One of my clients, Greg Howlett, and I have teamed up for a contest offering a free recording to the pianist with the best overall skill and originality. The contest involves submitting one song for review that will be judged not only by Greg, but by online voting as well. I will be offering my engineering services for the recording, and Greg will be acting as producer. We plan to record either at the Murray SoundLab in Atlanta (pictured here) or at Playground Recording Studios in Nashville. Both are great facilities with fantastic pianos. You can read more about what is offered (about a $6,000 value) by visiting the Greg Howlett website. Pass the word along if you know any great piano players. Submissions are accepted through the end of October.

Wednesday, September 12, 2012

New EF Mount Cinema Lenses

One of the problems with shooting films on DSLR and a few other new cinema cameras is that lens choices are severely limited. Really, the only choice for a true cinema lens with a Canon mount is the Zeiss CP.2 compact primes at over $4,000 per lens. Up until now, the next best thing was simply using still lenses, which are very difficult to pull focus on, are prone to breathing when focusing and do not have gears for a follow focus to make use of. They also have an obvious visible transition from f-stop to f-stop. Of course, film makers have had to find work-arounds and make modifications--or simply accept these problems as a part of their productions.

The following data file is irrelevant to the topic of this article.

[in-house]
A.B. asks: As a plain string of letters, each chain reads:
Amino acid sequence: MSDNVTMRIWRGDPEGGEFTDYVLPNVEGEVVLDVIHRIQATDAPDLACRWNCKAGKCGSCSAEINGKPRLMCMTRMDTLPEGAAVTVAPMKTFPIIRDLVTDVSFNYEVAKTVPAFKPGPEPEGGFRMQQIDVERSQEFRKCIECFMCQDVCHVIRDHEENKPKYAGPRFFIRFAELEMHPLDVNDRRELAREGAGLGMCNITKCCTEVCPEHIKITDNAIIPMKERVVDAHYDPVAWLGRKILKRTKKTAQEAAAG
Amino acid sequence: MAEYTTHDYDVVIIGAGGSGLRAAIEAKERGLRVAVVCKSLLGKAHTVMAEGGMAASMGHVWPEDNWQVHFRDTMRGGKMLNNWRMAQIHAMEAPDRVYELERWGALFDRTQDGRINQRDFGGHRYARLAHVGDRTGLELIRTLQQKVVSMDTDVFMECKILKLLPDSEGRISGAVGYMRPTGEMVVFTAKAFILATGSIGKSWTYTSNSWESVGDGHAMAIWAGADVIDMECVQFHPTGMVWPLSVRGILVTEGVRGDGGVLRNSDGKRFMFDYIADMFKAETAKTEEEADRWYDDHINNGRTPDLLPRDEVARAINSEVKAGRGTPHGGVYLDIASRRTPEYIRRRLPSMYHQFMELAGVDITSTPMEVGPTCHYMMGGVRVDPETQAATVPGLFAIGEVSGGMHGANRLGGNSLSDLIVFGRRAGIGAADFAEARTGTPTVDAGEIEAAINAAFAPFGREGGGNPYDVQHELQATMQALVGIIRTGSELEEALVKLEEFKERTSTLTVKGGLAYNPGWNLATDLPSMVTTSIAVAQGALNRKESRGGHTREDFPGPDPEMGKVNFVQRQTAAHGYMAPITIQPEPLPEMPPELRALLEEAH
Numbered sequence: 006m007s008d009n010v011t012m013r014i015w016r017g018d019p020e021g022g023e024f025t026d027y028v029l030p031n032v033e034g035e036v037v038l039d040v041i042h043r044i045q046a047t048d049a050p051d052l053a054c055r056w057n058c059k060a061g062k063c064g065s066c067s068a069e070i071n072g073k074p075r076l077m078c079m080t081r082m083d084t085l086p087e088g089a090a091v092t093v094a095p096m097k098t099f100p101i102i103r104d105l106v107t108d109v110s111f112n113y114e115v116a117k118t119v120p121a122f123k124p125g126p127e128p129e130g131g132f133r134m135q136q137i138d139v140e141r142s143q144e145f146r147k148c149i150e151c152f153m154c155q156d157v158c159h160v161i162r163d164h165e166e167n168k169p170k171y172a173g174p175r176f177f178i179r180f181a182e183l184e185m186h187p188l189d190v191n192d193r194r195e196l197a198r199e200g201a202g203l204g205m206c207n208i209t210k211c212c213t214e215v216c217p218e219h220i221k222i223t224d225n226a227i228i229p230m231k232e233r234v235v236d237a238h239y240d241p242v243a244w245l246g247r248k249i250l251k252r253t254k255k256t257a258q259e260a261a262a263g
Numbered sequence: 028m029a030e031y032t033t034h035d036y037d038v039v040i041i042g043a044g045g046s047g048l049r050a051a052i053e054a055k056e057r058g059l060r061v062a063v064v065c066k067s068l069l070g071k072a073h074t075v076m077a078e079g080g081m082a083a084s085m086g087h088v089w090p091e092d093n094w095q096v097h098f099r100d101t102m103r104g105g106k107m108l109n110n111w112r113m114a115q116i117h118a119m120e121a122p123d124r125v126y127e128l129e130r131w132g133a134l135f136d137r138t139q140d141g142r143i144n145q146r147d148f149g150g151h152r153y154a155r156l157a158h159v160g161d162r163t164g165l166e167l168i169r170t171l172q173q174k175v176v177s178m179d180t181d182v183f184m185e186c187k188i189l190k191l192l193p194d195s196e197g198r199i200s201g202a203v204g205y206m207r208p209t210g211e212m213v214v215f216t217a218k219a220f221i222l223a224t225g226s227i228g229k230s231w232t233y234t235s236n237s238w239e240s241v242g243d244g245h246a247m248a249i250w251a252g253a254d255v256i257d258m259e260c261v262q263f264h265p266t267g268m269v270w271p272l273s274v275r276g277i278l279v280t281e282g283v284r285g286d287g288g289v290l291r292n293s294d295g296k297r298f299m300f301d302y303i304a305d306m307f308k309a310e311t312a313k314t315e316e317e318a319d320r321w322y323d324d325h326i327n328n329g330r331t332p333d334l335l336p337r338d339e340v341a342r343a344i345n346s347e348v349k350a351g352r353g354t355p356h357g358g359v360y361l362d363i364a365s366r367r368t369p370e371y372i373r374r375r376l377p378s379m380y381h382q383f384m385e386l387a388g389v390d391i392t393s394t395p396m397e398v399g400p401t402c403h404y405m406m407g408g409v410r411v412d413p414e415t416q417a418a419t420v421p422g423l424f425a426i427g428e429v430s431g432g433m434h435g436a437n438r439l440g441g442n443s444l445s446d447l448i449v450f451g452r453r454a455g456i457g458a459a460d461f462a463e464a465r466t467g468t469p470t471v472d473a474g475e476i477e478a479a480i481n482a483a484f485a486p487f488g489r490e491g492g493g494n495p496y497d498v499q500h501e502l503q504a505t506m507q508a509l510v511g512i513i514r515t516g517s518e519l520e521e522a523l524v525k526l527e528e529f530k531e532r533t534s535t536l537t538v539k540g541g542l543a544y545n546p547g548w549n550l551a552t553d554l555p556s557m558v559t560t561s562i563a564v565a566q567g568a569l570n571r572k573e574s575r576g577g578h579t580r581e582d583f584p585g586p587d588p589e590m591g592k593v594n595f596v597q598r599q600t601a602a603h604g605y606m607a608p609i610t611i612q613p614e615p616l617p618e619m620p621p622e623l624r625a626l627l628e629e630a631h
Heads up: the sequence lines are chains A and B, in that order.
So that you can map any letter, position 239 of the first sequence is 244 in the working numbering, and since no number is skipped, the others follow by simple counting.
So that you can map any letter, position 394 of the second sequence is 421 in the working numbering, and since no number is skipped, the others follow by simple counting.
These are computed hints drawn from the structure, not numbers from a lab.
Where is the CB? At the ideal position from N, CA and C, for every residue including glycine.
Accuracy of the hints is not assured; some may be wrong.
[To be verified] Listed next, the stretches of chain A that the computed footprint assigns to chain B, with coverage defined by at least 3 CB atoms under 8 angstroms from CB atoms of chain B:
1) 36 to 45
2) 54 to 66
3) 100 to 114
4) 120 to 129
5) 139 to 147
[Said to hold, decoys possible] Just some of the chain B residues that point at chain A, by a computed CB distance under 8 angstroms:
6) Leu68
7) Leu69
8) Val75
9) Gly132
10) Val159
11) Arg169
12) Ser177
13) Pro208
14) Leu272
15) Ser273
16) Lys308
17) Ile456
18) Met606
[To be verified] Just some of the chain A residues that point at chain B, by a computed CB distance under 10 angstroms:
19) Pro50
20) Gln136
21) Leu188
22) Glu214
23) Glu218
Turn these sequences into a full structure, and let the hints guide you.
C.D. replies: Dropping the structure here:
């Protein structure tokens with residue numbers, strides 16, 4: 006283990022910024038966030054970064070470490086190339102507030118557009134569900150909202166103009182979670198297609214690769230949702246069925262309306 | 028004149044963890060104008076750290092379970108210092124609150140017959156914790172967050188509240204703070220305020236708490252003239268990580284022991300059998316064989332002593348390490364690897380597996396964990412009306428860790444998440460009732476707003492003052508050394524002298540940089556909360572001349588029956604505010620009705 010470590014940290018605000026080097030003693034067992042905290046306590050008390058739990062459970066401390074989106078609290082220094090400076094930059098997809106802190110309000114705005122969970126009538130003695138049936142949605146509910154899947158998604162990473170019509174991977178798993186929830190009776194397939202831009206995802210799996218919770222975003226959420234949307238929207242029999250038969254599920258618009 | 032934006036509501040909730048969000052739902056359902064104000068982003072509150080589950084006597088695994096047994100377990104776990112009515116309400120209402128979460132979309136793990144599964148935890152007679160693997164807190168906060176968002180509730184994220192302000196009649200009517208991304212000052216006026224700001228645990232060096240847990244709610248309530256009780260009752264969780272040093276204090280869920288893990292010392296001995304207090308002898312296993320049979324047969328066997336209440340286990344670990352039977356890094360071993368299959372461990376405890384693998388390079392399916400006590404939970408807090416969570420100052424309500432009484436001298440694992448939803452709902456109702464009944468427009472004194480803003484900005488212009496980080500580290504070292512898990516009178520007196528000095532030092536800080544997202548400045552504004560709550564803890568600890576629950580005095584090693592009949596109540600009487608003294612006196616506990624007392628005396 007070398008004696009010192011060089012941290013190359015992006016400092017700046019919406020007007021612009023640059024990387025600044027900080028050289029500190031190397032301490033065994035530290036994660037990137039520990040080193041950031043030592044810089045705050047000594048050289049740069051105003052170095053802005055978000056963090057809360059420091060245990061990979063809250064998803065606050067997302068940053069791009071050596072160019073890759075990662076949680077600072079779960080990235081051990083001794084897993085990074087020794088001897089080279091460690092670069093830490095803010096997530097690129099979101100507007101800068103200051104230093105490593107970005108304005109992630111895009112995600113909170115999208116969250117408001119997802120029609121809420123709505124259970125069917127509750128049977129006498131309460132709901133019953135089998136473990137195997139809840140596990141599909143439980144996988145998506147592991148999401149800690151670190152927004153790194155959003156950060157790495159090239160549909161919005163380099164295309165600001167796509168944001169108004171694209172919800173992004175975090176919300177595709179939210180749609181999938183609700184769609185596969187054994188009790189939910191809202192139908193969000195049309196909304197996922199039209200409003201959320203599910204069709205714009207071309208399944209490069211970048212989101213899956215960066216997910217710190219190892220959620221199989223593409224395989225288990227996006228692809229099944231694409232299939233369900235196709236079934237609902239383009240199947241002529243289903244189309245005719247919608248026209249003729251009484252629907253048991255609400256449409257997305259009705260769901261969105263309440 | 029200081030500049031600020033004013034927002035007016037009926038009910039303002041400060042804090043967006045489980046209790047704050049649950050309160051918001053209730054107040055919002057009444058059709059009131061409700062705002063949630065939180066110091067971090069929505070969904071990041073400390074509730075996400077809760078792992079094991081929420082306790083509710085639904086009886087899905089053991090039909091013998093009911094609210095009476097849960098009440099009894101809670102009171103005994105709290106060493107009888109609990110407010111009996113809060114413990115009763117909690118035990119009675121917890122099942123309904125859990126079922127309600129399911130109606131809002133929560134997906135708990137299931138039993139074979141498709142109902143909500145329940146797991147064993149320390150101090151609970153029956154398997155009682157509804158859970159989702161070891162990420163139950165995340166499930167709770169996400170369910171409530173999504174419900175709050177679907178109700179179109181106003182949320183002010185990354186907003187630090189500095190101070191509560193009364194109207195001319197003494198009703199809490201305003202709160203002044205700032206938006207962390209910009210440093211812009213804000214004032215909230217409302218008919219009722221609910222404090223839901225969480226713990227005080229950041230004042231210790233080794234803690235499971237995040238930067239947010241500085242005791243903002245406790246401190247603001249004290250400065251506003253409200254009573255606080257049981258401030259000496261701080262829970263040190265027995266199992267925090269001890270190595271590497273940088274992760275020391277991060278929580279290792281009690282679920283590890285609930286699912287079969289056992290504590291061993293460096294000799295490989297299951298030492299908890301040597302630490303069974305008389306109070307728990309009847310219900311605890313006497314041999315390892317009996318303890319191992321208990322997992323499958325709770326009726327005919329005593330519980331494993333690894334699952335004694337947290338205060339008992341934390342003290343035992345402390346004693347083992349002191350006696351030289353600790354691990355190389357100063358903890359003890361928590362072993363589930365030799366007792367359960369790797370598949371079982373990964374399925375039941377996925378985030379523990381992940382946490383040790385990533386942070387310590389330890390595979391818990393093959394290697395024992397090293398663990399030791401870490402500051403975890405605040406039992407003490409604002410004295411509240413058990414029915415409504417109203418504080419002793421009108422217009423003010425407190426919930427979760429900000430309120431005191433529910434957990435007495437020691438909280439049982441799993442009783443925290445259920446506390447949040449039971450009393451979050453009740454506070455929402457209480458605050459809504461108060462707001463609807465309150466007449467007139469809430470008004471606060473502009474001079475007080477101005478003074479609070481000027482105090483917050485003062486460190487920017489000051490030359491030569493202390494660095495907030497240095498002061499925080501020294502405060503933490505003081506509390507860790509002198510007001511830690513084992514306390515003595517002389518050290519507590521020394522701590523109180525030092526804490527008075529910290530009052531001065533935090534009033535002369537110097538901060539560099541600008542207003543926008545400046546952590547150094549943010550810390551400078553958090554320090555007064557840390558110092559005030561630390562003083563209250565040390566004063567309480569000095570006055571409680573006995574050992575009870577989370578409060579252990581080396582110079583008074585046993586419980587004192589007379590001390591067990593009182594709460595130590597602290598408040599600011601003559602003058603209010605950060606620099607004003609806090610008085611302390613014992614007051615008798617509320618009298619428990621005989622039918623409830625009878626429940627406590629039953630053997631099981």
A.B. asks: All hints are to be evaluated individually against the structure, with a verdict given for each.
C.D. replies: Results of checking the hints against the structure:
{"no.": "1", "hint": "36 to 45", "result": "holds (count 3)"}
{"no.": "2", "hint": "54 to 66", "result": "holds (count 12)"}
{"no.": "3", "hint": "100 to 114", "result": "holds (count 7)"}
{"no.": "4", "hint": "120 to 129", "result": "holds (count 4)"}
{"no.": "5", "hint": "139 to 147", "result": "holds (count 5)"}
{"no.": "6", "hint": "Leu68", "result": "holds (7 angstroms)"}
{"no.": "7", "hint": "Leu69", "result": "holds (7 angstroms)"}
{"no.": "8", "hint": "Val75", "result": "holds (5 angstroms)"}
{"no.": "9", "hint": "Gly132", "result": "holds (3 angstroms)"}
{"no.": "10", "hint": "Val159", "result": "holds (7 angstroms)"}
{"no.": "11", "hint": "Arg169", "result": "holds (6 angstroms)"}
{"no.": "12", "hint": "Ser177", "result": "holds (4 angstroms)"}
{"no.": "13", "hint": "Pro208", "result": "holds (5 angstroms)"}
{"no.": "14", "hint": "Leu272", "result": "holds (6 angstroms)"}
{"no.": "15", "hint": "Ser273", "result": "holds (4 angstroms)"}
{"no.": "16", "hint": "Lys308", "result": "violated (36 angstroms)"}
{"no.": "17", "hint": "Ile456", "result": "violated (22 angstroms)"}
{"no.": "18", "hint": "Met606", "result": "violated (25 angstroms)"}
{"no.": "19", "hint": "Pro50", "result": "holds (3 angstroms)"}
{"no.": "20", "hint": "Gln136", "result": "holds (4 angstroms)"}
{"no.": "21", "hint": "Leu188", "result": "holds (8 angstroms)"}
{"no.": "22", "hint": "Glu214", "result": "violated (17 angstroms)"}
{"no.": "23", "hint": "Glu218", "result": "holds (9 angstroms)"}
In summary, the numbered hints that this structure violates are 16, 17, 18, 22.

Rokinon has recently released the first couple of lenses in their new Cine Lens series. They solve all of the above problems and have a consistent front diameter between lenses, which is a real time-saver when working with a mattebox and rail system. The 8mm Fisheye and 14mm lenses (T3.5 and T3.1 respectively) have been released already and the 24mm is coming any day. The 24, 35 and 85 lenses will all have a T1.5 rating, which is even better than the Zeiss CP.2's, most of which are at T2.1. Now, no one is saying these are better lenses than the Zeiss. They still do not have as long a focus throw as the CP.2's and the glass is not quite at the same level. Early reviews, however, say that the Rokinons are very sharp (aside from maybe the 8mm) and are great lenses--and the stuff they have had on the market for still shooters is top-knotch. Here's the thing. For an average price of only $600 per lens, you really can't go wrong using them for most projects. Low budget indy films will all be shot on these lenses for the next couple of years, since you can purchase a set for the same price you would pay to rent Zeiss lenses for a month of shooting. Definitely worth a look.